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The Role of Linguistics in Legal Analysis

  • Peter Goodrich
Part of the Language, Discourse, Society book series (LDS)

Abstract

Legal theory has traditionally made a fairly extensive use of the philosophy of language. At a very general level it has frequently been argued that linguistic philosophy is a valuable heuristic tool for the elaboration of general questions concerning the institutional nature of law and the meaning of key legal terms. At a more substantive level it has also been claimed that linguistic methodology and the various exegetical and hermeneutic traditions of textual analysis may aid in the practical endeavour of explaining the intricacies of rule interpretation and rule application. Despite such claims, however, the role of linguistics — both historical and potential — in legal analysis has never been an object of systematic study. It is indeed something of a paradox that while problems of definition, of interpretation and of vagueness, ambiguity and polysemy generally are constantly referred to by the major theories of law, no attempt has been made to analyse the specifically linguistic basis of such problems. If one concedes that the major schools of legal thought are differentiated, as much as anything else, by the divergence of their approaches to the theory of adjudication and of law application, the absence of any encounter with linguistics might well be taken to indicate the subordination of the will to truth to the need to conceal; the privileging of ideological concerns over the pursuit of knowledge.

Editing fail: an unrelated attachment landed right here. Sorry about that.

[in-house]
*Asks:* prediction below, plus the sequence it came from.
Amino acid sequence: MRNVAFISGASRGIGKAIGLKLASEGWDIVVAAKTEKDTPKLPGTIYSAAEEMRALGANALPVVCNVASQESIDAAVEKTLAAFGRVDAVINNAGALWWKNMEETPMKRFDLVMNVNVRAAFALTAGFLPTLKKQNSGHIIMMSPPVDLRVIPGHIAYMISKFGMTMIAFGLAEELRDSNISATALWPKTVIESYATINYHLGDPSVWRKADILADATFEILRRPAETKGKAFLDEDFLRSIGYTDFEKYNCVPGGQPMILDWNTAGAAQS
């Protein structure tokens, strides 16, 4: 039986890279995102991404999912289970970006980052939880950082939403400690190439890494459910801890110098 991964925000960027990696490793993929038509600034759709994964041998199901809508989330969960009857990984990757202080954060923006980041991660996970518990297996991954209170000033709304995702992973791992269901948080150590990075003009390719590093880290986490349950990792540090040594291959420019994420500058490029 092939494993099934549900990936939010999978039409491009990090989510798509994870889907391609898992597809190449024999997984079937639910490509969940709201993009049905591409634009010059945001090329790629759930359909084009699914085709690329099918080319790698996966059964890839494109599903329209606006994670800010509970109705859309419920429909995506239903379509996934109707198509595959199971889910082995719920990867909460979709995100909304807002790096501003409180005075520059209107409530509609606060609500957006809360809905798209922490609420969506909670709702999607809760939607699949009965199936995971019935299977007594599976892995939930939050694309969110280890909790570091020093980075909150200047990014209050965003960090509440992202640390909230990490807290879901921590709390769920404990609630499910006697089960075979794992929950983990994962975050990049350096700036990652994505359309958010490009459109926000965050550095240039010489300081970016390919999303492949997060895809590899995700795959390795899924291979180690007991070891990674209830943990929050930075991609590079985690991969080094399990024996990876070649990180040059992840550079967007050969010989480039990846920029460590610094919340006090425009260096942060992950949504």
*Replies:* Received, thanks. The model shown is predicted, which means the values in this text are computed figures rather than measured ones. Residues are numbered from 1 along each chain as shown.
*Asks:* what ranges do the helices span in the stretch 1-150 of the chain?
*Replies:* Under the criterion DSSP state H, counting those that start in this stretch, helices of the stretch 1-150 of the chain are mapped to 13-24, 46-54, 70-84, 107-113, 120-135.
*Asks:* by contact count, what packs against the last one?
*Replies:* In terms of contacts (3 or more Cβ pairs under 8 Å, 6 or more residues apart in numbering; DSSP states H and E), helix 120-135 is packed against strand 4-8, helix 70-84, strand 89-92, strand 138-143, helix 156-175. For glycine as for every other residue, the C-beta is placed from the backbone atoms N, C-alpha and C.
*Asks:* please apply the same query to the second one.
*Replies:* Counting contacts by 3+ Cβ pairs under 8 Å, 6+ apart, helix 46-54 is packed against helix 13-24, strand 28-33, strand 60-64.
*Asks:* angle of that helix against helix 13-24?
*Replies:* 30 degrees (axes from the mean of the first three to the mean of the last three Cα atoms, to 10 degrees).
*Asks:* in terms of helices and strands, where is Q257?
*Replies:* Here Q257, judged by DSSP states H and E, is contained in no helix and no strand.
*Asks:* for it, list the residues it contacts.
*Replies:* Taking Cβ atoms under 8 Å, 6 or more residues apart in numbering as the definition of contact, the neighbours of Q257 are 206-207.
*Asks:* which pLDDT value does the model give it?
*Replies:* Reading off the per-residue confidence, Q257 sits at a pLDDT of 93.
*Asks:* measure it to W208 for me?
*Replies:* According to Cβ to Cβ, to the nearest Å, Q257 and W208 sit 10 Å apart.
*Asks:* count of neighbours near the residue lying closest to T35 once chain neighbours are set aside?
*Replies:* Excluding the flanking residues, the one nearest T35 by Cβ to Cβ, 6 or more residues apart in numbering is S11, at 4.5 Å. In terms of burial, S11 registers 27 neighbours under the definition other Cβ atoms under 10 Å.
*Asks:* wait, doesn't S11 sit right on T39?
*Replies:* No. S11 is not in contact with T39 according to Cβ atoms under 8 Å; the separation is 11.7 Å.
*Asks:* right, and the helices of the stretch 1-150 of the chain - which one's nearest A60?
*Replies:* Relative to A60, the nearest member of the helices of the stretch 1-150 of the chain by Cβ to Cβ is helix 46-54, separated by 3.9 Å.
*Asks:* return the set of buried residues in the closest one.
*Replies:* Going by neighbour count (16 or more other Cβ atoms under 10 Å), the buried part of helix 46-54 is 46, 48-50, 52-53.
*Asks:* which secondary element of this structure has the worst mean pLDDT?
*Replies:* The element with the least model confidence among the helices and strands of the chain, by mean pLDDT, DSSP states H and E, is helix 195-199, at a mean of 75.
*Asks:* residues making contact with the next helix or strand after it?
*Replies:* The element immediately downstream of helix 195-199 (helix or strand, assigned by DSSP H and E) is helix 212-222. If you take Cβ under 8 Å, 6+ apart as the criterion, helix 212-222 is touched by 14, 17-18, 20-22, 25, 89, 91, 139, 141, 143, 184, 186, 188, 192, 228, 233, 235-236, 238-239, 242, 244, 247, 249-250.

Keywords

Legal Theory Legal Norm Legal Analysis Legal Positivism Legal Language 
These keywords were added by machine and not by the authors. This process is experimental and the keywords may be updated as the learning algorithm improves.

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Notes and References

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Copyright information

© Peter Goodrich 1987

Authors and Affiliations

  • Peter Goodrich
    • 1
  1. 1.University of Newcastle-upon-TyneUK

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